The Covid-19 Inquiry: A Primer

The Covid-19 Inquiry: A Primer

The PM does not enjoy scrutiny. It has even taken him 10 months to attend Parliament’s Liaison Committee. Nonetheless, sometimes even the most reluctant must submit to inquiries, often led by those great favourites of politicians – judges.

68 of them between 1990 and 2017, most into tragedies so serious that an inquiry was inevitable (the Piper Alpha explosion, e-Coli outbreaks, rail crashes). Many into the NHS (murdering nurses/doctors – Allitt/Shipman, child cardiac surgery, hospital failings – Bristol, Morecambe Bay, Mid-Staffordshire). The police have endured their fair share, as have child care homes and animal disease epidemics too – BSE/foot and mouth.

The key questions any inquiry should answer are:-

  1. What happened.
  2. What went wrong.
  3. What went right.
  4. Why.
  5. Who and/or what were responsible for 2 and 3.
  6. What steps should now be taken.
  7. Who is responsible for taking them.
  8. Who will track that the persons responsible do implement the necessary steps?
  9. How will accountability for this be maintained and monitored.

Important as items 1 – 5 are, it is items 6 – 9 which ensure that such inquiries achieve something worthwhile.

What then might a Covid-19 inquiry look at?


  1. Project Cygnus: how the learnings, the weaknesses and risks identified by this were followed up. It identified the risks of care homes. Were the lessons learnt and implemented? If not, why not? Did any such failure adversely impact our response? A critical question this given what a high proportion of overall deaths have been in care homes, apparently as a result of government policy/instructions.
  2. The National Security Council: did it correctly identify public health risks? Did it learn the lessons from the outbreak of SARS and other epidemics? Or was it so focused on influenza epidemics that it ignored other types of infectious diseases? It’s not just generals who fight the last war. Health officials do too, something seemingly supported by those SAGE meeting minutes just released. Beware partial release, though: meeting minutes never give the full picture and release has been done for a reason. Cui bono?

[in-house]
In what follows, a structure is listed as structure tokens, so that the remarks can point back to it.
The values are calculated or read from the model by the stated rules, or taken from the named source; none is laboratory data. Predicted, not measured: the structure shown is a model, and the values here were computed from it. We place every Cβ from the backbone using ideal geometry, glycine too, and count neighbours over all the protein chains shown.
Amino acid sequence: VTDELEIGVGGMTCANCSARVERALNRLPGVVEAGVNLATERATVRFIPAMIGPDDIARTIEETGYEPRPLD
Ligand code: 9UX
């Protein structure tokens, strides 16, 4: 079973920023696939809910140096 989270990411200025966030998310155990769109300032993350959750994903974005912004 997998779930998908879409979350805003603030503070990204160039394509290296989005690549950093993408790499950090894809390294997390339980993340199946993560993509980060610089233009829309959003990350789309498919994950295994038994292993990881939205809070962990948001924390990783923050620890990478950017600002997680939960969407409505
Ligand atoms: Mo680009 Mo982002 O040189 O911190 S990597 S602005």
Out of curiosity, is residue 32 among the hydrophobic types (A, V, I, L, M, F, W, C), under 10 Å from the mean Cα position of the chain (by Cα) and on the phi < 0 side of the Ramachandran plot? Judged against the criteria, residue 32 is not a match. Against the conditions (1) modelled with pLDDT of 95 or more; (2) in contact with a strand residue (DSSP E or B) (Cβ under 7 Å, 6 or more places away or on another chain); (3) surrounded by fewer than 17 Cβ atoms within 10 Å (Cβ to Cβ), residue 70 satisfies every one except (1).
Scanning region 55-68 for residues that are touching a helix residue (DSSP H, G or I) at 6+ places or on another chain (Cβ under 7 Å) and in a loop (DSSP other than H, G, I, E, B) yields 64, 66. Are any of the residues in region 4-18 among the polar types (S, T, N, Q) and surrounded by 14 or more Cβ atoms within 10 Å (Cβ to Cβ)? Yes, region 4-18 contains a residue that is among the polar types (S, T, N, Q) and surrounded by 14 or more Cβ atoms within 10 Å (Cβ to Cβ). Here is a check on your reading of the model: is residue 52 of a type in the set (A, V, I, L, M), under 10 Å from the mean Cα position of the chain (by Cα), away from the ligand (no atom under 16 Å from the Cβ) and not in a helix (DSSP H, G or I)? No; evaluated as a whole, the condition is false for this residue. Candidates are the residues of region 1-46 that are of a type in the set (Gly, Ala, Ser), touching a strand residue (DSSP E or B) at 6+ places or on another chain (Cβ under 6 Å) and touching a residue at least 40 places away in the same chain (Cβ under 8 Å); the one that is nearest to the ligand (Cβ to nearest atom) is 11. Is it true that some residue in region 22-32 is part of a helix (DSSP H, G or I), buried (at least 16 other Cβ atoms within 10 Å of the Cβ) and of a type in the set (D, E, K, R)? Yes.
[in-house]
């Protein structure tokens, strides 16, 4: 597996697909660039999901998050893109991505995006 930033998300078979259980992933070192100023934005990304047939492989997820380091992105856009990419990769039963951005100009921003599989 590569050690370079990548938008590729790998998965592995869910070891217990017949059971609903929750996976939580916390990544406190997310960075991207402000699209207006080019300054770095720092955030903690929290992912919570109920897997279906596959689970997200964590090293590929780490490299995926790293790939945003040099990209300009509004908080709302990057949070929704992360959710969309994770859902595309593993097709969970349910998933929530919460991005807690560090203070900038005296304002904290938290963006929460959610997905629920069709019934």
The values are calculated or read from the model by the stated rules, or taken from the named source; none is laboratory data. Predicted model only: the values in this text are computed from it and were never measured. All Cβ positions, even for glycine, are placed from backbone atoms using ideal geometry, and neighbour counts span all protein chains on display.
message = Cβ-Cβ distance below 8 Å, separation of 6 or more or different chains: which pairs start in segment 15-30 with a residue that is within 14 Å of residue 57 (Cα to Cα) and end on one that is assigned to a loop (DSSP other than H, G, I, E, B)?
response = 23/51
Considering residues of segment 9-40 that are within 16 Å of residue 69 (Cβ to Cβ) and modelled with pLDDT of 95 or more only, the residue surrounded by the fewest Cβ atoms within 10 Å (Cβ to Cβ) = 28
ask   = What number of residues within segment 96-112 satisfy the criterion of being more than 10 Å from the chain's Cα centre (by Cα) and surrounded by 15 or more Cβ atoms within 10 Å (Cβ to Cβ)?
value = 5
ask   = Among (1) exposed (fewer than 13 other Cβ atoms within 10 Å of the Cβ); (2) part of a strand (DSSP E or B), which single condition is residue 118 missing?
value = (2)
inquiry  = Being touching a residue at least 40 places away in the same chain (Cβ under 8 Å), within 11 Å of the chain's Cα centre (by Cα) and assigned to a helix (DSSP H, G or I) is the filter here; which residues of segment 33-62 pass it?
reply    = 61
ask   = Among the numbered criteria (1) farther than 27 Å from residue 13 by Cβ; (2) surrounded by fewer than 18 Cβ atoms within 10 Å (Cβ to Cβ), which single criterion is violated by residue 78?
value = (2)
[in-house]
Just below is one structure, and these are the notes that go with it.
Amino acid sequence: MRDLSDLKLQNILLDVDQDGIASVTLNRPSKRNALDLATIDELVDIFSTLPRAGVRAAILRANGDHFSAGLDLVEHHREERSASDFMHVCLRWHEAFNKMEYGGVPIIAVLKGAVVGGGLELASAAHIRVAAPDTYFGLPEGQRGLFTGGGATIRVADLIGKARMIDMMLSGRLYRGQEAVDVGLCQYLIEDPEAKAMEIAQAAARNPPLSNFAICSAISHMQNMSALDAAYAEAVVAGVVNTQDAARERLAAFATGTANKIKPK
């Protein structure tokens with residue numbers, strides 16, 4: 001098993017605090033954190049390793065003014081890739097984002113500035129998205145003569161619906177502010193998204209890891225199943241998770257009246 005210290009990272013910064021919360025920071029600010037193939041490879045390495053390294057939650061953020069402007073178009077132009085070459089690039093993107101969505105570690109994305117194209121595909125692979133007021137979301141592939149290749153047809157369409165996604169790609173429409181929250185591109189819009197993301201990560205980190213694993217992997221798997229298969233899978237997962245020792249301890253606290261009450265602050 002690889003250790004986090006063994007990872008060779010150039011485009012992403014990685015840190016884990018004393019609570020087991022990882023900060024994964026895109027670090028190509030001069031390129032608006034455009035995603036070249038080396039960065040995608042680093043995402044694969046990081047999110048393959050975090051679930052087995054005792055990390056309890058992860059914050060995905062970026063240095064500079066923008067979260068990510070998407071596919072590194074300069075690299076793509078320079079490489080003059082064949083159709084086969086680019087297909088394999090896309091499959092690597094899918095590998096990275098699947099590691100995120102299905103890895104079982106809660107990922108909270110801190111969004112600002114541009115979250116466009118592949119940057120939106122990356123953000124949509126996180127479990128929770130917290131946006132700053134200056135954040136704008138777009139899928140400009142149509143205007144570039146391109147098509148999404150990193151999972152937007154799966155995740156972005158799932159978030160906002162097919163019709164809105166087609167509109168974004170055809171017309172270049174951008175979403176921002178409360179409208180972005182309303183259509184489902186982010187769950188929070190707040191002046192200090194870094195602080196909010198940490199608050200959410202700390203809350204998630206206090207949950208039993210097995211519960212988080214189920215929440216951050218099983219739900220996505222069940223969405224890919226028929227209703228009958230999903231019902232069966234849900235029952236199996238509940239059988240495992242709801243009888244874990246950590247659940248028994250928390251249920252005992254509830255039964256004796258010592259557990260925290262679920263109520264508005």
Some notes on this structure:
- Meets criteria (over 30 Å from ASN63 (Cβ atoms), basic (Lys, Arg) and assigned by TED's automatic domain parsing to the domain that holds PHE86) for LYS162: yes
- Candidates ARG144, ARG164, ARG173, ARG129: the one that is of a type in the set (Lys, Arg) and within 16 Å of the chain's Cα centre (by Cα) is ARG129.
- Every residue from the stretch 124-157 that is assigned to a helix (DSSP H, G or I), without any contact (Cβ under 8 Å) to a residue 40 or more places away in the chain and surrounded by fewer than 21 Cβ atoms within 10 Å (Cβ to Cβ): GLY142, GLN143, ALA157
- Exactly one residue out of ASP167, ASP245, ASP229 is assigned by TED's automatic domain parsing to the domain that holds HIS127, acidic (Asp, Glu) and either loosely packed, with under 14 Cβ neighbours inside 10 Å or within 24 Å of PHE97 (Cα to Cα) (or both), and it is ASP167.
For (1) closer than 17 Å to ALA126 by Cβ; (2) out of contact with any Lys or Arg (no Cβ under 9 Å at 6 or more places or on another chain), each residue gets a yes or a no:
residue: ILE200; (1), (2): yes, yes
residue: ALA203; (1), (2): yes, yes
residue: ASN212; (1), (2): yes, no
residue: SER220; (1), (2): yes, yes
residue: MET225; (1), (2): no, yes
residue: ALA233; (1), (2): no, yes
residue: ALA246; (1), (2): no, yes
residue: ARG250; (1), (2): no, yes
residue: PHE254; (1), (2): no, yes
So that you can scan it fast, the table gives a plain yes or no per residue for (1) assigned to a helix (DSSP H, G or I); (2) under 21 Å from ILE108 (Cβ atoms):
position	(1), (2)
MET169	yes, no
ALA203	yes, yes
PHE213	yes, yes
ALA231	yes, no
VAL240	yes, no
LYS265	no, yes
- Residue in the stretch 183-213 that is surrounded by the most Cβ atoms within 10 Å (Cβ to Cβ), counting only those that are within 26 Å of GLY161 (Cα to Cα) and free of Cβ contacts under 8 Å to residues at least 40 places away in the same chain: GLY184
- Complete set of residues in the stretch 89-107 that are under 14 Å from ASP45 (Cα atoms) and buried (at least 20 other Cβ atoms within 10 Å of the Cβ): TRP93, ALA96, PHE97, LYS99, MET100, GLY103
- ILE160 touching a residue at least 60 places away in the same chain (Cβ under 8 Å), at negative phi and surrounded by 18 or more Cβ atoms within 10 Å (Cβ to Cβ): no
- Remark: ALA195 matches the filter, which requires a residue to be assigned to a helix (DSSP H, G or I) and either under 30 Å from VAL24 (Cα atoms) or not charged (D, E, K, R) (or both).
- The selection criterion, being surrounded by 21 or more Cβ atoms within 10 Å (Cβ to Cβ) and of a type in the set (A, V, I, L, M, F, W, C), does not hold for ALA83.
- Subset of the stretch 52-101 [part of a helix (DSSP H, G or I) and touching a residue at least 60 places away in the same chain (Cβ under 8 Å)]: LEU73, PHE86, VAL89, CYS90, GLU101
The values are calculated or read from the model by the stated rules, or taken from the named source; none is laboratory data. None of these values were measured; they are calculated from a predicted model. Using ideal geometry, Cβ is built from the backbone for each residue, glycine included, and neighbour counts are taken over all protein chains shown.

3. Public Health Infrastructure: was the organization in charge of it (PHE) fit for purpose? Did it guard its turf rather than co-operate with other providers to get the best outcomes? One of the surprising aspects is how those elements you might expect to be well done in a state run system: testing, tracing, quarantining, provision of PPE – the sorts of public goods which private profit-driven providers are not interested in (or so it is believed) – have been poor. Why? What is needed to put this right? What might be learnt from other countries – such as Germany – which seem to have handled this aspect better.


  1. Advisors – “We are following the science” has been the constant refrain from Ministers – until now anyway. (Does Raab realise how dangerous his admission – that it is politicians who decide – is for the government, when applied to its previous decisions?) Health/science advisors have been highly visible throughout. But there is not just one scientific discipline involved. SAGE Committee members, behavioural scientists, epidemiologists, virologists, modellers: all (and others) have had their input. Were the right people advising? How were the dangers of “groupthink” avoided? What provision was made for getting advice from other countries with direct experience of past epidemics or this one, as it developed?
  2. The Brief – “Following the science” is a bit more complicated than following a GP’s instructions. Anyone with a bit of common-sense, knows that you get the answer you want by how you frame the questions, define the terms of reference, handle the discussions. Those with the most effective authority may not be those with the most knowledge. What was the brief to the advisors? What were they asked to opine on? What were the express or implicit assumptions? What were they not asked about? Did anyone, for instance, question the assumption that a flu pandemic plan was right for a disease which might not be like flu?
  3. Understanding – Politicians are not scientists. Yet they have power, responsibility and accountability. How was the scientific advice understood (read, even), assessed, challenged? What weight was to be given to its different parts? How was it weighed up against other factors: economic, social? Who did this? how was actual data from other countries assessed? One critical step was the protection of the NHS’s ICU capacity in light of Lombardy’s experience. But other Italian experience – its success in largely stopping its spread to other regions – seems to have been ignored.